The White House spin machine is going full blast this week in anticipation of the sequester. This, my friends is political theater at its finest. You have a president who is using his bully pulpit to essentially argue to the nation that Congress should do everything in its power to avoid the spending cuts that were his idea in the first place.
The problem all started during the 2011 debt limit negotiations. President Obama and House Speaker John Boehner had worked hard for weeks to come up with a “grand bargain” that would have reduced the deficit by reducing spending, reforming entitlements and adding revenues. But the deal fell apart at the last minute when Obama caved to the left-wing elements of his party and demanded an additional $400 million in tax hikes.
A last minute solution was then cobbled together in which the Obama administration prioritized self-preservation over good policy. The sequester idea arose because President Obama hates raising the debt limit. For a spend-happy liberal it’s a public relations nightmare that draws press and public attention to the fact that his party refuses to address the deficit. In any other year this is a problem Obama could live with, but in an election year it posed an enormous threat.
To avoid the spectacle (or more aptly, debacle) of another debt limit hike in the weeks prior to the election, the administration devised a sequester. Under the plan, a Deficit Supercommittee would be formed to create a package of cuts that would receive an up or down vote, but if the committee failed a sequester—which included cuts that neither party was supposed to like—would automatically go into effect. In other words, the deficit would be cut regardless and most importantly, the president avoided another debt limit hike.
Fast forward to today and Obama seems to have forgotten all of this backstory and is instead trying to spin his way out of the problem.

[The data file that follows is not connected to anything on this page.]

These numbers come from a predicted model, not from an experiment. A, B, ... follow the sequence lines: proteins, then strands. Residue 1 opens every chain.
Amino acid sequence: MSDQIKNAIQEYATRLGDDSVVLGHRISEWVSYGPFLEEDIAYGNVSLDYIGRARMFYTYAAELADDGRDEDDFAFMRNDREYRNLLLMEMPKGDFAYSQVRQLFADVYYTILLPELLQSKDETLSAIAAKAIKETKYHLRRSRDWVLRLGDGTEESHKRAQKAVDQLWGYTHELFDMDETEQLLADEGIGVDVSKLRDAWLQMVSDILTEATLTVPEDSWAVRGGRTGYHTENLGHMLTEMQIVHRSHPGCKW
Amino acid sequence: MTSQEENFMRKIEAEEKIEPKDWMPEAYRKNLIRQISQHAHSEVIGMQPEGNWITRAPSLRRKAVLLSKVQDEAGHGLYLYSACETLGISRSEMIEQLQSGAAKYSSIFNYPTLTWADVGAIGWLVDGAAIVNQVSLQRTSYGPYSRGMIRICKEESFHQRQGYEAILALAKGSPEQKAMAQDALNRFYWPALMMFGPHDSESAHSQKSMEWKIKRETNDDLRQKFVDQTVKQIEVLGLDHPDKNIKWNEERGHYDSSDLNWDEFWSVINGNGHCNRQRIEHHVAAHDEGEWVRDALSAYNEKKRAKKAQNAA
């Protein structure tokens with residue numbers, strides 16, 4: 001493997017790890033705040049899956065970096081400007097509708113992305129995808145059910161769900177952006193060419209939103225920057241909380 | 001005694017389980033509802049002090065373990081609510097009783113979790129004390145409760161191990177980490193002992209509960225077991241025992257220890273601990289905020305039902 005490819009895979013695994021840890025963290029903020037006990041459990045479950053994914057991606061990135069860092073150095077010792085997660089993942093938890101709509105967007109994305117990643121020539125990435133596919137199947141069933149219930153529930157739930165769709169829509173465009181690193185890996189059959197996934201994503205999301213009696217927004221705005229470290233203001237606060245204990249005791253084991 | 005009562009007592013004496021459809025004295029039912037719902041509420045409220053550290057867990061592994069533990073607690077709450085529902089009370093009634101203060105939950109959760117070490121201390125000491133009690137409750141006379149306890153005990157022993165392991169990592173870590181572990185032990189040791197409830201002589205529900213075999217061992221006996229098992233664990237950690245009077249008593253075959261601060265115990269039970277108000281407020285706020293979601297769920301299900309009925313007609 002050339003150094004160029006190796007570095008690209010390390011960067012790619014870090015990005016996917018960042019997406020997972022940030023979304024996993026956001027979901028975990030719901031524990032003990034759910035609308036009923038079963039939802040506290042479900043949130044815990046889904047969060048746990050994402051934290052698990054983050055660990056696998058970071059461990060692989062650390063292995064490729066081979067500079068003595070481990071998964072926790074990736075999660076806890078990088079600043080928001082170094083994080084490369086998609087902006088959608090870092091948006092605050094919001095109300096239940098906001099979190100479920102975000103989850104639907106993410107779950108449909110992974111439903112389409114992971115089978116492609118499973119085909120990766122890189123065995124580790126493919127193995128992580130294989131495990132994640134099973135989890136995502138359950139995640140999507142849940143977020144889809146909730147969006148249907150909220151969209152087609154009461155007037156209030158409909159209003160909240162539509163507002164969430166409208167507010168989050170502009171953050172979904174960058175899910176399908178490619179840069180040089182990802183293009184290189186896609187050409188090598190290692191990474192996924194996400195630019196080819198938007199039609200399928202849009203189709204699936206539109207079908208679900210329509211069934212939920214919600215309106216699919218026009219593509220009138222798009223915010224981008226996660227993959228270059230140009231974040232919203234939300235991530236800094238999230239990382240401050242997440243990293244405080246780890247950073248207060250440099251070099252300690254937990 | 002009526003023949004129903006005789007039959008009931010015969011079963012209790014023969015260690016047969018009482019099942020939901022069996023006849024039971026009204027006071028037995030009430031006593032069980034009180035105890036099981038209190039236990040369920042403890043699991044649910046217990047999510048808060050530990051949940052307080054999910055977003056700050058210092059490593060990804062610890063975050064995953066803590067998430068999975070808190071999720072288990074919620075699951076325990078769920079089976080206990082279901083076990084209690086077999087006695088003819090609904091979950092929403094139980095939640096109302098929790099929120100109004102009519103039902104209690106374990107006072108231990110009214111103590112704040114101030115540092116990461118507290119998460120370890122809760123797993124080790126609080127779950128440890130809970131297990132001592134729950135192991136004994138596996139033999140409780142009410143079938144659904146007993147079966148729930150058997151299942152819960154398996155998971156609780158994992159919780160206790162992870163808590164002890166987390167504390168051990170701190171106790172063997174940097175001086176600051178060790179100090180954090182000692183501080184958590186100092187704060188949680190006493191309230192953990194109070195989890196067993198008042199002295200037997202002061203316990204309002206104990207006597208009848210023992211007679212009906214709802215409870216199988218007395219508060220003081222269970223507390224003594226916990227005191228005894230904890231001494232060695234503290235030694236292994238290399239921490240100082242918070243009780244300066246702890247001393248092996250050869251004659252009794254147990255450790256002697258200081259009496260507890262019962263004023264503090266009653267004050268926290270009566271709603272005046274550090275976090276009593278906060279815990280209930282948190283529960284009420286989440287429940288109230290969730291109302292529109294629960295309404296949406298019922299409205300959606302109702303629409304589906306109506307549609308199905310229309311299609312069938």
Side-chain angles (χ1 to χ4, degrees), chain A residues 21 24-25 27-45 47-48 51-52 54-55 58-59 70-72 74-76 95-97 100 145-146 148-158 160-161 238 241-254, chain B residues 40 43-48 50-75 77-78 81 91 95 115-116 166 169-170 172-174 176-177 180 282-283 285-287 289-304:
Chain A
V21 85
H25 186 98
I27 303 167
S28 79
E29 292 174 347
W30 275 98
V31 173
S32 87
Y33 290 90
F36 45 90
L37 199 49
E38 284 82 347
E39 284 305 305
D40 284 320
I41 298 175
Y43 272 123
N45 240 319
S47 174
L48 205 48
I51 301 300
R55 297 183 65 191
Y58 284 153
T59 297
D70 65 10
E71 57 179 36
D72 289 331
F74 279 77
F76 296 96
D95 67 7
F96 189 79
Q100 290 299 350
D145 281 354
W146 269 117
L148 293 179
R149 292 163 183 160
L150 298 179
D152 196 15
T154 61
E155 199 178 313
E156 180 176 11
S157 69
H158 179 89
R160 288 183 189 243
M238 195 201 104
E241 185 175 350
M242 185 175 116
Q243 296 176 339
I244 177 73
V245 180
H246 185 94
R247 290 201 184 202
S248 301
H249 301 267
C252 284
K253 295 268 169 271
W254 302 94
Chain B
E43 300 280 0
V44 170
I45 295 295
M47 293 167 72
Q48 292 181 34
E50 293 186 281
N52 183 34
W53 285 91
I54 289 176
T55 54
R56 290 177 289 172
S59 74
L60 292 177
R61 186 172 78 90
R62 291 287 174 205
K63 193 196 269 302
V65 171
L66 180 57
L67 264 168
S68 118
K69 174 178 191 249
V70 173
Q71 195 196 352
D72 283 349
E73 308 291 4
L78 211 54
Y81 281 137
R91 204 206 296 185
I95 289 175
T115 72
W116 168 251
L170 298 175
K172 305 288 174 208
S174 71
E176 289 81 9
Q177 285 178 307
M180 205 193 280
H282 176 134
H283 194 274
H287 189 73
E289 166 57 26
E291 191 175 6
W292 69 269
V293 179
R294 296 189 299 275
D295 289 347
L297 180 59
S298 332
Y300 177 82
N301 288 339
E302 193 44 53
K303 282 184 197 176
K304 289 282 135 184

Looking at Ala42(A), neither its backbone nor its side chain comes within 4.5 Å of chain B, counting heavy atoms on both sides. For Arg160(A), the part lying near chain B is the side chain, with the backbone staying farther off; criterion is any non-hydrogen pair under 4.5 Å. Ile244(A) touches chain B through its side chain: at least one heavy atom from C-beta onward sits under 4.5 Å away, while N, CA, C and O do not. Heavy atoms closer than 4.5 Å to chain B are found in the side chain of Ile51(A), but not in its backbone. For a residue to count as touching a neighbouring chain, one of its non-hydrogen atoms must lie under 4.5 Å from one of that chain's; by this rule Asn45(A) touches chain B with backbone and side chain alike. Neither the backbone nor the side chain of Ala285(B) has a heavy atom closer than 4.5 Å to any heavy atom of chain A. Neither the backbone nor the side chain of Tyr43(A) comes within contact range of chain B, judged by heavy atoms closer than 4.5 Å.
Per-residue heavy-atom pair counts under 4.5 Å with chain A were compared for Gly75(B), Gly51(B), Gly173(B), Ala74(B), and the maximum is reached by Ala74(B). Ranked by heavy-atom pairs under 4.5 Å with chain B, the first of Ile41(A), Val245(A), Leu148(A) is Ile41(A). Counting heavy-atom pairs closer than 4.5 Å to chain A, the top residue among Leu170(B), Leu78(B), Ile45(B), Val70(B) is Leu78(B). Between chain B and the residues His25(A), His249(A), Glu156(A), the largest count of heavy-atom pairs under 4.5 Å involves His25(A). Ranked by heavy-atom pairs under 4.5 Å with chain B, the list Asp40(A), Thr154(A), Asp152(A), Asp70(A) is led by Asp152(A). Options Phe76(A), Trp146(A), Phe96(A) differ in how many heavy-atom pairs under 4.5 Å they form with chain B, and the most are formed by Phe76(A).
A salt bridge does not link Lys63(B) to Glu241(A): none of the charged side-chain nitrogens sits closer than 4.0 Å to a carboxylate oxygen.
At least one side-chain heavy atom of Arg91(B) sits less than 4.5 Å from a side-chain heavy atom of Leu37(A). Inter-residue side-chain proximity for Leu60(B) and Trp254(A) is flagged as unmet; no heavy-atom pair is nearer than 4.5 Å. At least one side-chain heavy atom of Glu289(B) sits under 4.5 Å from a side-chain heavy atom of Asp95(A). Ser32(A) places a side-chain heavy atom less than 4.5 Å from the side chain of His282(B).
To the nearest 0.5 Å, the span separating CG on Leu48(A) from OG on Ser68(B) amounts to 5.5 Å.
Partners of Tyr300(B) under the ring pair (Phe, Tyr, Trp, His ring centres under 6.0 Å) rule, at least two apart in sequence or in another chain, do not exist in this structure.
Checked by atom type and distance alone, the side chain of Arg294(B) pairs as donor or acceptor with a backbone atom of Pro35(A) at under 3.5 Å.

“It won’t help the economy. It won’t create jobs. It will visit hardship on a whole lot of people,” the president said in remarks. Instead, the sequester cuts will “add hundreds of thousands of Americans to the unemployment rolls.”
On these points Republicans largely agree with him. Indeed, House Speaker John Boehner spent the first line of a recent op-ed essentially mirroring Obama’s worries. “A week from now, a dramatic new federal policy is set to go into effect that threatens U.S. national security, thousands of jobs and more,” Boehner wrote.
And yet for all the agreement on the problem, only one party is serious about a solution. House Republicans have put forth several proposals that would replace the meat-ax approach taken by the sequester and replace it with targeted, smart cuts and reforms to federal programs. For their part Democrats have apparently given up trying to find a solution to a problem of their own creation and instead are focusing the entirety of their energies to making sure they don’t get blamed for the fallout. The Washington Post’s Chris Cillizza writes:
“Remember that Obama has always had a pragmatic political streak – his decision to reverse course in the 2008 presidential race and forego public financing being one obvious example – and, since the collapse of the grand bargain talks in the summer of 2011, he has become a far more cynical (and politically successful) operator.
Seen through that lens — and that’s the lens you should see all of Obama’s moves these days — what the president is doing with his repeated public emphasis on the sequester is laying the groundwork to win the political argument over the cuts in a few weeks time.
When people start paying attention to the sequester, President Obama wants to make sure that he has the political high ground in the blame game. These two public statements over the past few weeks — not to mention his State of the Union address — allow him to tell people that he warned Congress of the dangers of allowing the sequester to happen and they chose to ignore him. It’s an “I told you so” moment.”
Republicans, for better or worse, have not yet reached such levels of cynicism. Led by Speaker Boehner they are still trying desperately to find a solution to spare the potential economic harm and job losses threatened by Obama’s plan.
“Both parties today have a responsibility to find a bipartisan solution to the sequester,” Boehner writes. “What Congress should do is replace it with other spending cuts that put American on the path to a balanced budget in 10 years, without threatening national security.”
Until President Obama and Senate Democrats do that they have no room to be pointing fingers.